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Global versus local cues for route finding in virtual environments

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Geiger,  SD
Department Human Perception, Cognition and Action, Max Planck Institute for Biological Cybernetics, Max Planck Society;
Max Planck Institute for Biological Cybernetics, Max Planck Society;

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Gillner,  S
Department Human Perception, Cognition and Action, Max Planck Institute for Biological Cybernetics, Max Planck Society;
Max Planck Institute for Biological Cybernetics, Max Planck Society;

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Mallot,  HA
Department Human Perception, Cognition and Action, Max Planck Institute for Biological Cybernetics, Max Planck Society;
Max Planck Institute for Biological Cybernetics, Max Planck Society;

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Citation

Geiger, S., Gillner, S., & Mallot, H. (1997). Global versus local cues for route finding in virtual environments. Poster presented at 20th European Conference on Visual Perception (ECVP 1997), Helsinki, Finland.


Cite as: http://hdl.handle.net/11858/00-001M-0000-0013-E9F8-F
Abstract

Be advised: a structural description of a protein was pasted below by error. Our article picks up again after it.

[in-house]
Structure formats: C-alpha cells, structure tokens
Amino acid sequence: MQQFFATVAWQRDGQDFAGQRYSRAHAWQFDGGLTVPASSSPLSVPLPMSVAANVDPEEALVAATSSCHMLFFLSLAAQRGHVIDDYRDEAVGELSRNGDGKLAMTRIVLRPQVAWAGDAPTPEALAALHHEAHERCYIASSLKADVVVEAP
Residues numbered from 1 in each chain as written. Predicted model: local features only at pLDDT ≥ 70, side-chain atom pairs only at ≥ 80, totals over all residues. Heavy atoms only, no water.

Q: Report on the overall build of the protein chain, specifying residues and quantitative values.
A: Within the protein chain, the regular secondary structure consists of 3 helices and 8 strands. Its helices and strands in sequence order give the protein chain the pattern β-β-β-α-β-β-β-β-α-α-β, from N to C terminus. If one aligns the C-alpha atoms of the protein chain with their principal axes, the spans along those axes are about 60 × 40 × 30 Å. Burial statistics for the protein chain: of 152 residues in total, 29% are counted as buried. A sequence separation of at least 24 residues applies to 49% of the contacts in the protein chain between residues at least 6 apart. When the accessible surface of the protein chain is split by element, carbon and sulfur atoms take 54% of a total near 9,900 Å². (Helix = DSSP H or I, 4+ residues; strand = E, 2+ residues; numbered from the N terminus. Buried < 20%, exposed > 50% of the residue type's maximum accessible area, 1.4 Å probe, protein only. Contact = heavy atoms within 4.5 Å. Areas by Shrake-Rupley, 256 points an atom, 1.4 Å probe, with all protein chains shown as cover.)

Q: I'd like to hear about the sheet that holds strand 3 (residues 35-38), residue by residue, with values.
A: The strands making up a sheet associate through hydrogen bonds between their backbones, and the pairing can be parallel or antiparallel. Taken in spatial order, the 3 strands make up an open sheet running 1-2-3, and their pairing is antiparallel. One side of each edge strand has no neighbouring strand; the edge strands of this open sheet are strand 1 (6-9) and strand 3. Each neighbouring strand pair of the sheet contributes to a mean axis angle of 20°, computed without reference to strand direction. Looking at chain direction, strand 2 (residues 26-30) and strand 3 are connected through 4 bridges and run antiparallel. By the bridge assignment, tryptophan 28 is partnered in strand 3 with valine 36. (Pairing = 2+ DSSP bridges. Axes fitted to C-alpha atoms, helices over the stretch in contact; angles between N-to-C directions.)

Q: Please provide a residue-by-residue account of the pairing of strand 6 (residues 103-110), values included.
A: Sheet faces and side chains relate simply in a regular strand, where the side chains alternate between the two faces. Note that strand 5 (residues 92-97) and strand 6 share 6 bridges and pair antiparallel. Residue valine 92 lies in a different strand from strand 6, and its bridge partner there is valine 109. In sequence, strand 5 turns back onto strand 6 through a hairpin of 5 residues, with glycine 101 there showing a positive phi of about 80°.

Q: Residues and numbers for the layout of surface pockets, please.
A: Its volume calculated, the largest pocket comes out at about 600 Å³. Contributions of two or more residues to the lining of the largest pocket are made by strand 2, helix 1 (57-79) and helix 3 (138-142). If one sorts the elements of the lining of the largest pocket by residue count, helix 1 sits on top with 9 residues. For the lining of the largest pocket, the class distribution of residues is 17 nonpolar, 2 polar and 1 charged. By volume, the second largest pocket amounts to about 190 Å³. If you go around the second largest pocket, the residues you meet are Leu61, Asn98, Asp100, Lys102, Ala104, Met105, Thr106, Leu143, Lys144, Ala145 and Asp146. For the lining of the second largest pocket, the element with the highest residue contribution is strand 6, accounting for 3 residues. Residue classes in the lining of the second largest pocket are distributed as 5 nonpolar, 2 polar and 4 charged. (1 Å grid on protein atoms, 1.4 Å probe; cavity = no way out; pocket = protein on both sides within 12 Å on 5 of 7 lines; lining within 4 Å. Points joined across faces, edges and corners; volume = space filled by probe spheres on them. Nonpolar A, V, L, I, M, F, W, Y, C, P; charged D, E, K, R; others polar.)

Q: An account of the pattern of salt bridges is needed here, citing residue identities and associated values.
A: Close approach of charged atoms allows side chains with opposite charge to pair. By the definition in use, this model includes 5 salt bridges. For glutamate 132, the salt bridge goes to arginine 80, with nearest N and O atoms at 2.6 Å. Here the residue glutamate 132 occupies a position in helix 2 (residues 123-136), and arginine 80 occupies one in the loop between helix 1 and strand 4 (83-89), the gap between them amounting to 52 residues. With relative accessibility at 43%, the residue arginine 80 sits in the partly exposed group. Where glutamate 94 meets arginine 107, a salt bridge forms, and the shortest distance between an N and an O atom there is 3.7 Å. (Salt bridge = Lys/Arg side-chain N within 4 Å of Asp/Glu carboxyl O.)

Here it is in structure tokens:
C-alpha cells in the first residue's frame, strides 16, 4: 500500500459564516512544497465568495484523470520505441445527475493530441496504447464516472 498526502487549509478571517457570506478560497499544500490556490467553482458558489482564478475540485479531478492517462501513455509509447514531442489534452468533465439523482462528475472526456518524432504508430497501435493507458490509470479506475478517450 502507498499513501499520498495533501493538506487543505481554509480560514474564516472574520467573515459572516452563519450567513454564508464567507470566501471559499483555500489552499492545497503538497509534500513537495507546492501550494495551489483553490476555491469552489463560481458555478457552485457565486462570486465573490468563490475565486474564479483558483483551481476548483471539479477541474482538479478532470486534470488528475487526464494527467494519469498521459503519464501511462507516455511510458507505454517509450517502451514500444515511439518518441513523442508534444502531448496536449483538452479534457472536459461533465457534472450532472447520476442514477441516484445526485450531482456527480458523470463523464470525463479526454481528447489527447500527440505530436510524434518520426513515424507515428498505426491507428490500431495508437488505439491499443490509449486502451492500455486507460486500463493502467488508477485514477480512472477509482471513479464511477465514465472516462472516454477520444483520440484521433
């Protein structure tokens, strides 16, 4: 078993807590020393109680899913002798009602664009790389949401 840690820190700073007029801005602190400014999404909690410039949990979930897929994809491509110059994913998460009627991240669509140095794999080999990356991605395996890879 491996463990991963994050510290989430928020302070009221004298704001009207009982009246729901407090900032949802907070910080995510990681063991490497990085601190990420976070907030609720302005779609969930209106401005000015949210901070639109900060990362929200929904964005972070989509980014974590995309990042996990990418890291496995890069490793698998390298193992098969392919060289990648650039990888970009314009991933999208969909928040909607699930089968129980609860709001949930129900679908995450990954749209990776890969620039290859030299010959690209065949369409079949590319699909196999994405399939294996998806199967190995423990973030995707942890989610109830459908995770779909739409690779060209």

Motivated by the results of Gillner and Mallot (1996 Perception 25 Supplement, 93) implying that local views are basic elements for a spatial representation, we studied the role of global versus local landmarks using a route-finding task. Our hypotheses were: (i) A global navigation strategy relying on allocentric movement decisions is used, eg "go from this place towards the chapel on the hill", or (ii) a local navigation strategy based on view--movement associations is used, eg "at the red building go right". We performed an experiment in a computer graphics town based on a hexagonal grid structure. At each intersection we placed three different buildings. We also provided global direction information by placing six global landmarks distributed equally along a mountain range. Subjects had to learn the back and forth route between two buildings, not knowing that after a learning phase the location of buildings at a particular junction would be changed. These changes produced conflicting global and local information. In the test-phase, the subject approached individual junctions in both learned and novel directions and the movement decisions were recorded. In a control condition with unchanged places twenty subjects made correct decisions for 136 of 160 movements. In the experimental conflict condition 123 decisions were consistent with a local and 37 with a global strategy. This supports our previous finding that local views play a dominant role in making route judgements. Approaching a junction from a learned direction leads to more accurate movement decisions than approaching it from a novel direction, even if the global landmarks are available, which provides further support for the local-view hypothesis.